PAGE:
DATA ANALYTICS PART-TIME COHORT 3
How does mask use in Davidson County compare to all of TN and the US?
DA3 students used survey data provided by the New York Times to compare mask use in Davidson County with mask use in other Tennessee counties and with counties across the US. The survey, conducted by Dynata between July 2 and July 14 asked “How often do you wear a mask in public when you expect to be within six feet of another person?” Their analysis showed that masking up in public has a better adoption rate in Davidson County.
What areas have been hit hardest by the pandemic?
Students looked at residential zip codes for people diagnosed with COVID-19 between March 6 and November 17 in Davidson County to understand which areas have been hit hardest by the pandemic.
Finally, DA3 students also analyzed the proximity of violations reported to hubNashville and COVID-19 clusters as determined by Metro’s Health Department, finding 52 places of overlap. The map below and linked here shows the 52 locations where violations were reported and nearby clusters were later identified.
Dustin Bowen of DA3 shared his approach to mapping the overlap. “There was abundant data about reported COVID-19 violations — so abundant that it was difficult to track that through to real outcomes. So I worked backwards from publicly reported COVID-19 ‘clusters,’ or outbreaks of 10 or more confirmed infections stemming from a single location. The red pins on the map represent fifty-two publicly reported cluster outbreaks, for a total of nearly 2,600 confirmed cases of COVID-19.” The reported cluster outbreaks were then compared to the geolocation data in the violations report which are indicated by the purple circles.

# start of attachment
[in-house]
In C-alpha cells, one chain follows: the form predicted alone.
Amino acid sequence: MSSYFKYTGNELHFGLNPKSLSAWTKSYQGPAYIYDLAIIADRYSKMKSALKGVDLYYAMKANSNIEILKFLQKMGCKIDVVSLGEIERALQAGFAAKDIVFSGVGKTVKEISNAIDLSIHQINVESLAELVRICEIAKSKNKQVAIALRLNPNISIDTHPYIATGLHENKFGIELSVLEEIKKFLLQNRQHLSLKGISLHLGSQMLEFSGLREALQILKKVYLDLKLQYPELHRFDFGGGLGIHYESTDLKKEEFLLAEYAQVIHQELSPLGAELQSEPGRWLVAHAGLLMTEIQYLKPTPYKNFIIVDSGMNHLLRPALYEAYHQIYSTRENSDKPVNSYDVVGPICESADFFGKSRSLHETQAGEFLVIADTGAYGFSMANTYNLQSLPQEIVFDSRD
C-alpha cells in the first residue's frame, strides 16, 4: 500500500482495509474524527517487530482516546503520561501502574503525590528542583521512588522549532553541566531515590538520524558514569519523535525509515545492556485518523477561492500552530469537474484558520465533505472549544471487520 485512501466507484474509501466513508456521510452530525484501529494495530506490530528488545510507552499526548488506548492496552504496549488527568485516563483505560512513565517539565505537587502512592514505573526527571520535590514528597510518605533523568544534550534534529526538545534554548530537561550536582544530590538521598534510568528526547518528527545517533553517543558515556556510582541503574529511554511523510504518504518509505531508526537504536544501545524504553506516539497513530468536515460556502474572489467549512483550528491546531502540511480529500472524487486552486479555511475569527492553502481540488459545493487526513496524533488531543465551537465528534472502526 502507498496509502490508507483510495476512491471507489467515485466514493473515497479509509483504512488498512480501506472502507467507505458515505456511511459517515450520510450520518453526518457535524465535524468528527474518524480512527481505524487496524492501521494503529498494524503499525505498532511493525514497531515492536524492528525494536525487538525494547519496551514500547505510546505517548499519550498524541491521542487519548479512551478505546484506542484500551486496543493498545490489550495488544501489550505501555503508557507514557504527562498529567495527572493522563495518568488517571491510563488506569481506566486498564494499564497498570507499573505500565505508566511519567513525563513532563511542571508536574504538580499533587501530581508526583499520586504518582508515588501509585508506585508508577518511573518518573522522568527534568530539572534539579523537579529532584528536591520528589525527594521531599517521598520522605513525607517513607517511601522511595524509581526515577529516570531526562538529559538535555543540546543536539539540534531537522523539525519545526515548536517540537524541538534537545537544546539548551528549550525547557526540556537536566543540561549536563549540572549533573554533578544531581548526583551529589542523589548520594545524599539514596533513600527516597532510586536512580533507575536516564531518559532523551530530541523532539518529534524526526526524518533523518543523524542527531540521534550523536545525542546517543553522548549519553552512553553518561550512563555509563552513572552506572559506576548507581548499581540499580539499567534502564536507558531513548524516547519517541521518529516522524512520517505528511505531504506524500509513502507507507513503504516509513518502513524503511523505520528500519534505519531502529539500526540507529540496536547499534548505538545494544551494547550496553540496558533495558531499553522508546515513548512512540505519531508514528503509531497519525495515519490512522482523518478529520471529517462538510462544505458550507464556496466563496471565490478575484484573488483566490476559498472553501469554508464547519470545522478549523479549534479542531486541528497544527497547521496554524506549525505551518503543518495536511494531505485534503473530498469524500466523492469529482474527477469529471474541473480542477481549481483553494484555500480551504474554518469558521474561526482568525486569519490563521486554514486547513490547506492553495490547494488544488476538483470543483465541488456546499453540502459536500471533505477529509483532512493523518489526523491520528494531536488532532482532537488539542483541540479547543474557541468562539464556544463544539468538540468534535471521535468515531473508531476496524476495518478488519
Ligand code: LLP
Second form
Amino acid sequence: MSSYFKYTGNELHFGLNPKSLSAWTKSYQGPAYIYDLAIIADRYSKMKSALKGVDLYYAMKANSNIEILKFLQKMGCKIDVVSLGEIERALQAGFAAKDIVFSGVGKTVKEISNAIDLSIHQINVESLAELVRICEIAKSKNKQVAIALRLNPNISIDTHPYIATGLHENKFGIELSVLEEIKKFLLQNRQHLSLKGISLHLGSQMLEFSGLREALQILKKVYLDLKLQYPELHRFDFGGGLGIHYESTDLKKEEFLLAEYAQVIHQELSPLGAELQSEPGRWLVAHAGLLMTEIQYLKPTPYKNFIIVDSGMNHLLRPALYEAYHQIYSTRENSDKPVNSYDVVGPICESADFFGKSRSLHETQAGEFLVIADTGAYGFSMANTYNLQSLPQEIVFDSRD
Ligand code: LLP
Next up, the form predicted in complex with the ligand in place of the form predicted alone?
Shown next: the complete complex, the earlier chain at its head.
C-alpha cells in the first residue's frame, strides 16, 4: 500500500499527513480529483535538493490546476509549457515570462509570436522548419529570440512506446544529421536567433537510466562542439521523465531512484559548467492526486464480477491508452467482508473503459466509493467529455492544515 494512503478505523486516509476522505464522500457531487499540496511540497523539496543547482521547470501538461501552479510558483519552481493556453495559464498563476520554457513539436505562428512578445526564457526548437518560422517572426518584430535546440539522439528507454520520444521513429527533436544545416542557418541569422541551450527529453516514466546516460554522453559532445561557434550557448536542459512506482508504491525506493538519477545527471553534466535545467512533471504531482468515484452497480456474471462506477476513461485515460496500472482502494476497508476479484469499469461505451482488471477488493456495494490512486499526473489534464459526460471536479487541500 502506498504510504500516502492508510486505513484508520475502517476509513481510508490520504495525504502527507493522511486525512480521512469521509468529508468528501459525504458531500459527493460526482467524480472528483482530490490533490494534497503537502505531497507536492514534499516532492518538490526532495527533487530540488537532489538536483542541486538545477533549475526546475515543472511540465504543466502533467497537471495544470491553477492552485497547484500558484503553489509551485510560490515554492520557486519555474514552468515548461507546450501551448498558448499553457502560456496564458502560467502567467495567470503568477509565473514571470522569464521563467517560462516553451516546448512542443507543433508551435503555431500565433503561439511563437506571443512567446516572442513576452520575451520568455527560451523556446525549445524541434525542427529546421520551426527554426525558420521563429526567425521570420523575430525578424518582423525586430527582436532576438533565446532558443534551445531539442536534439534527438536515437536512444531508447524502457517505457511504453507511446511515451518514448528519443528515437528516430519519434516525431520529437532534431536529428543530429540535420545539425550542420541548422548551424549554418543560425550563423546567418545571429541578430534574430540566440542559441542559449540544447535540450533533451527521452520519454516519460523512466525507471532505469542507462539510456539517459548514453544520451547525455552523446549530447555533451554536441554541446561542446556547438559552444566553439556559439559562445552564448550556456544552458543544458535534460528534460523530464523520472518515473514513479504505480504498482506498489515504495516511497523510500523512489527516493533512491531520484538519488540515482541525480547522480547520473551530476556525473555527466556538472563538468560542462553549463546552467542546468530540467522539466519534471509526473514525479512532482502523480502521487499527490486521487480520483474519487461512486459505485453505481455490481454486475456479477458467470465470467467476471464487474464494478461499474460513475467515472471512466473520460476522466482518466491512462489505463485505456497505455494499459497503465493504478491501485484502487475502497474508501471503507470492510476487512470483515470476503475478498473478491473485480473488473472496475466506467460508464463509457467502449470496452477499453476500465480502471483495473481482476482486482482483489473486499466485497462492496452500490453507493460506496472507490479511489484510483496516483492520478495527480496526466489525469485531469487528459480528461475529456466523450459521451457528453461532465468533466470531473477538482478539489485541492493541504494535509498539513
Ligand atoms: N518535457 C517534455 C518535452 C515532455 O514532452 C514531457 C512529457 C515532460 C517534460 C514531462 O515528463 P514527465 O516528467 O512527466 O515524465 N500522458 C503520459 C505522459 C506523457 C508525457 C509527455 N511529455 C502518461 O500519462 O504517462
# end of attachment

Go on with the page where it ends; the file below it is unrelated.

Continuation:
Gaining Skills With Real-world Analysis
While this data gives us a better look at the impact COVID-19 has had on Davidson County, Veronica Ikeshoji-Orlati of DS4 explained some of the constraints her team discussed prior to their analysis.
"We knew that looking at Davidson county data alone, and particularly the safer-at-home violation reports, would only give us part of the picture of how COVID-19 is spreading in our community. In particular, we discussed how factors such as pre-existing conditions, age, race / ethnicity, language, immigration status, household size, income, profession, and access to healthcare and economic resources shape how vulnerable individuals are to COVID-19, as well as the fact that Davidson county does not exist in a vacuum and rising case counts in neighboring communities may drive what’s happening within our own."
The COVID-19 projects allowed both cohorts to practice their visualization skills and work on timely data questions. Veronica summed it up best, “I found it deeply rewarding to partner with my classmates to learn about something that is shaping our daily lived experience.”